Hong Kong, Bangkok, Tokyo and Singapore are popular Asian destinations that attract travelers with world-class bars and restaurants, upscale shopping, unique ecological treasures and diverse cultural experiences. Neighboring Taiwan also offers these same elements, yet it remains a considerably more under-the-radar destination.
Plan on heading to the island’s vibrant capital city, Taipei, to discover its abundance of incredible food, colorful night markets, top-notch whisky and breathtaking nature preserves. And don’t let the cold season deter you: Taiwan’s subtropical climate means winter is a fantastic time to visit.
While there is no shortage of luxury hotels in Taipei, Forbes Travel Guide Five-Star Mandarin Oriental, Taipei provides some of the city’s most opulent accommodations. Located on Dunhua North Road in the central Songshan District, the property’s 303 beautifully designed rooms and suites are some of the most spacious in town. For the best views, request a high-level room facing Taipei 101, a skyscraper that held the title of world’s tallest building from 2004 to 2010.
After checking in, relax with afternoon tea in the sophisticated ground-floor Jade Lounge — be sure to book a reservation well in advance, and mind the smart-elegant dress code. Enjoy top-shelf tea and champagne service, poured alongside edible delights by pastry chef Yam Lok Hin (think foie gras mille-feuille and matcha panna cotta.)
Once properly rested (or at least caffeinated enough to counter the jet lag), set out to explore this city of just under 3 million people. The nearby National Palace Museum, with its permanent collection of more than 700,000 ancient Chinese artifacts and artworks, is a great place to start. Admire the world’s largest collection of Ru ware (a rare style of Chinese ceramics), ancient calligraphy, bronze castings, stone carvings and jade jewelry. The popularity of the 19th-century sculpture Jadeite Cabbage and the Meat-Shaped Stone (carved from jasper) are proof that Taiwan’s love of food goes way back. The two carvings are sure to make you hungry for either dinner or shopping — and lucky for you, there’s plenty of both.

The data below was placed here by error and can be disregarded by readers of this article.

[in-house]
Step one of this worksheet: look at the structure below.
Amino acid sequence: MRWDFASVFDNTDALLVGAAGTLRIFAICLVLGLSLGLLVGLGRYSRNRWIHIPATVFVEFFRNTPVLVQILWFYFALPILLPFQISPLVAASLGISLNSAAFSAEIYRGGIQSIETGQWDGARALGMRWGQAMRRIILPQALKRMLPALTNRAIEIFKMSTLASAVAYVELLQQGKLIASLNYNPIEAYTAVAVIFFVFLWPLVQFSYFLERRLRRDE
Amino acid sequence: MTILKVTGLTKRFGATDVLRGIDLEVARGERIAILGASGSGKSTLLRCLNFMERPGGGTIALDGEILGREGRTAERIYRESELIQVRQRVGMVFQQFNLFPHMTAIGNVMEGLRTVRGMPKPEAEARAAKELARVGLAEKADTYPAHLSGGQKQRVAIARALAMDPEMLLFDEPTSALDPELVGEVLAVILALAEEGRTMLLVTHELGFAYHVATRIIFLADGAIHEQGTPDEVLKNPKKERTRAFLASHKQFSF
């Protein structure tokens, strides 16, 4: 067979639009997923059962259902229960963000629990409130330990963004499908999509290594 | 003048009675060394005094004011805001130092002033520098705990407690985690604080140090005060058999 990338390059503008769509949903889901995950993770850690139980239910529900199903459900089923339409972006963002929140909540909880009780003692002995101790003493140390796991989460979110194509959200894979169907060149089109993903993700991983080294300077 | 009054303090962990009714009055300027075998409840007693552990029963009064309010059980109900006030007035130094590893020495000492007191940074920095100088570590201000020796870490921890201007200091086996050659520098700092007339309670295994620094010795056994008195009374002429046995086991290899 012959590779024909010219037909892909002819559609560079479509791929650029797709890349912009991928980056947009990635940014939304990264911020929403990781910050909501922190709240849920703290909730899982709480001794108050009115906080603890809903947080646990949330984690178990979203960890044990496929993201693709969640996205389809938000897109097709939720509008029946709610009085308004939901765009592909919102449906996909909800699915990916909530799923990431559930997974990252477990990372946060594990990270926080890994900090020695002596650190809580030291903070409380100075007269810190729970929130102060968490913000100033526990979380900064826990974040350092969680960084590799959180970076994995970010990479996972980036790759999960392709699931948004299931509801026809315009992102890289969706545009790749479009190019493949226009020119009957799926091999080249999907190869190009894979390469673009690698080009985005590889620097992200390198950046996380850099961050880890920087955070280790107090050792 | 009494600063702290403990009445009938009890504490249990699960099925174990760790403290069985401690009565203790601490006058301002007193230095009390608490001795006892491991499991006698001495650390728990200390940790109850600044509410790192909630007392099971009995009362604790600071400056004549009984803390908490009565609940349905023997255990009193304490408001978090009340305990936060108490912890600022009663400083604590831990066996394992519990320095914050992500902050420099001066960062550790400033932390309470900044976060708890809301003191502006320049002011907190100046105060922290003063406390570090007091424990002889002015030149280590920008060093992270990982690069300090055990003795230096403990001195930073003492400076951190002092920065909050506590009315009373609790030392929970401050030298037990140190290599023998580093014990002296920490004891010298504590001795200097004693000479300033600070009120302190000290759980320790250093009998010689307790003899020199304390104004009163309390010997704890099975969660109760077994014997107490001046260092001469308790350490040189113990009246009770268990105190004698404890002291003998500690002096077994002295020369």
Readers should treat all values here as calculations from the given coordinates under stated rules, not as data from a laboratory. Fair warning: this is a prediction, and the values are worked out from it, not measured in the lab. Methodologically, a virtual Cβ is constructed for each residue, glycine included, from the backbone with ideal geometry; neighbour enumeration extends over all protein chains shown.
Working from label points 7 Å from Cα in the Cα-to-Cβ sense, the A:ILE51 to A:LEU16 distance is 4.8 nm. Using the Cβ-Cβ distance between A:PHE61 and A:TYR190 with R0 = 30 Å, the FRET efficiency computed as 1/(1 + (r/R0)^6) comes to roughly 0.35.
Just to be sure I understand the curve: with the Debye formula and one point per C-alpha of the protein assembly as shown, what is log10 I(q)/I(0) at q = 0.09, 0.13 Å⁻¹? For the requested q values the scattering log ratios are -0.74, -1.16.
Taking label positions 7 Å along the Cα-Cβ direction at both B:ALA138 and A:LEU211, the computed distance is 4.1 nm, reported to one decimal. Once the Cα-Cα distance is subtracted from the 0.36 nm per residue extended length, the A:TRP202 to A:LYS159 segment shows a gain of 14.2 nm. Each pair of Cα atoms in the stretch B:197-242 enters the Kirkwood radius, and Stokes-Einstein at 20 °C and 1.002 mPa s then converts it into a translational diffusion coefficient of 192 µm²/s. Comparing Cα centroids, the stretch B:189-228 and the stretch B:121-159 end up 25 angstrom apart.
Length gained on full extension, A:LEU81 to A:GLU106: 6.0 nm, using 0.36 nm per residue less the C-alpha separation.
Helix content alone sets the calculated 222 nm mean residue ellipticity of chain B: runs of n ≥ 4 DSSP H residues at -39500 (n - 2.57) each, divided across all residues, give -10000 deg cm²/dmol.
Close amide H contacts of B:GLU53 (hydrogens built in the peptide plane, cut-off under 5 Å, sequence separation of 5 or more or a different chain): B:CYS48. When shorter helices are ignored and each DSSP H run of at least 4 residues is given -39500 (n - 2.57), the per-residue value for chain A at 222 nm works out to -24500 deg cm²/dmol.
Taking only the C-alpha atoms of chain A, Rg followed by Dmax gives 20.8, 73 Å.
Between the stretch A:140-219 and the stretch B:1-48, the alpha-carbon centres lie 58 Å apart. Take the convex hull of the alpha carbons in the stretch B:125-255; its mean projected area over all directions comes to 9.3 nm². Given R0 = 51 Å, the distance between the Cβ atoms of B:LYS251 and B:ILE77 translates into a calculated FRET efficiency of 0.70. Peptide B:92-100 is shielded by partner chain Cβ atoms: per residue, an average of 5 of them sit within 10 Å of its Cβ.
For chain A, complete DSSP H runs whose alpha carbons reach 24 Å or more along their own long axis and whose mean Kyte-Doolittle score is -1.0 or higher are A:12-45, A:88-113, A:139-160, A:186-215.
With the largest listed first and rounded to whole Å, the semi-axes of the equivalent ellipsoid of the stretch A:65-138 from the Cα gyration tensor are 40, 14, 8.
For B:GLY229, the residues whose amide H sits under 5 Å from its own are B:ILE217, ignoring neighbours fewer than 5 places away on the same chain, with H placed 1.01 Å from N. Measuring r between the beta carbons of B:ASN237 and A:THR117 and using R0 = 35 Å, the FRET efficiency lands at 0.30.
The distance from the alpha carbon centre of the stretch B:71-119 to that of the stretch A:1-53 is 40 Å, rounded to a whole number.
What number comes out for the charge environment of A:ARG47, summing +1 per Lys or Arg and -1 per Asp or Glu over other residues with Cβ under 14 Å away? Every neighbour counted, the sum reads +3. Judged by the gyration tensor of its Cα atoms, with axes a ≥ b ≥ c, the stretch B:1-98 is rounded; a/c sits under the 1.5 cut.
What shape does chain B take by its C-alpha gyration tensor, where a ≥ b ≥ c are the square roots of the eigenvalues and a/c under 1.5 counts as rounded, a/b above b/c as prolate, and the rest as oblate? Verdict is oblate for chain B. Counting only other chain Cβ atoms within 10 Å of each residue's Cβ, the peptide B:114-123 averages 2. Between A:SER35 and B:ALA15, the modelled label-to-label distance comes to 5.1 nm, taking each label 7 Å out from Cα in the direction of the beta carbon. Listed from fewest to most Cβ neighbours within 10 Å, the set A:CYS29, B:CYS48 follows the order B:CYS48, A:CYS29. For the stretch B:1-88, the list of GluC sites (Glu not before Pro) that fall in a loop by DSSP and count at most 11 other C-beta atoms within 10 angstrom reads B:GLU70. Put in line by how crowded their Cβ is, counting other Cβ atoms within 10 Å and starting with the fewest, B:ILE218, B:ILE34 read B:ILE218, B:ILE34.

Head back into the central city to experience the Jianguo jade and flower markets. The adjacent covered markets (open on weekends only) feature row after row of vendors selling orchids, bamboo, bonsai trees, jade jewelry, sandalwood incense and more.
Next, take a stroll through Daan Forest Park, where you can observe a variety of native bird species while locals practice tai chi and qigong.
If the weather is proving unpredictable — which is quite likely, considering it rains most days in Taipei, albeit in short tropical spurts — there are plenty of great things to do and see indoors, too. National Chiang Kai-shek Memorial Hall is a beautiful blue and white monument erected in honor of the former president of the Republic of China. The structure and surrounding Liberty Square were the site of events in the 1980s and ’90s that ushered Taiwan into an era of modern democracy. Inside, you’ll find shops and rotating exhibits throughout the year.
You also can get an exciting overview of the city at i-Ride Taipei, a flying audio-visual experience that gives you a bird’s-eye look at the region.
Afterward, head to Taipei 101 and ride one of the world’s fastest elevators to the 89th floor for a 360-degree vista of the city. Time your visit right and you’ll get to witness Taipei at sunset and then see the metropolis come alive with lights.
Thanks to heralded distiller Kavalan, Taipei is also a destination for world-class whisky. And this past summer, it opened a cask-to-glass whisky bar (the first of its kind) in Taipei’s Zhongshan District.
At Kavalan Whisky Bar, taste 21 different expressions of the distillery’s single-malt whisky straight from the cask, including rare products like Kavalan Soloist Brandy and Kavalan Reserve Peaty Cask, typically only available at the Yilan distillery. Book online before you seek out the sleek, speakeasy-style bar, which is behind a hidden door inside the Buckskin Yakiniku beerhall and grill.
After your spirits tasting, it’s time for dinner. In this city bursting with acclaimed dining concepts that range from luxe restaurants to street food, your biggest struggle will probably be deciding where to eat. Mountain and Sea House, situated in a palatial 1930s mansion, provides a lovely introduction to the country with its traditional Taiwanese cuisine made with ingredients sourced from local farms. Don’t miss the roasted suckling pig, made with a 21-day-old hog slow-cooked for 12 hours inside a salt-based merengue, then cracked open with a hammer.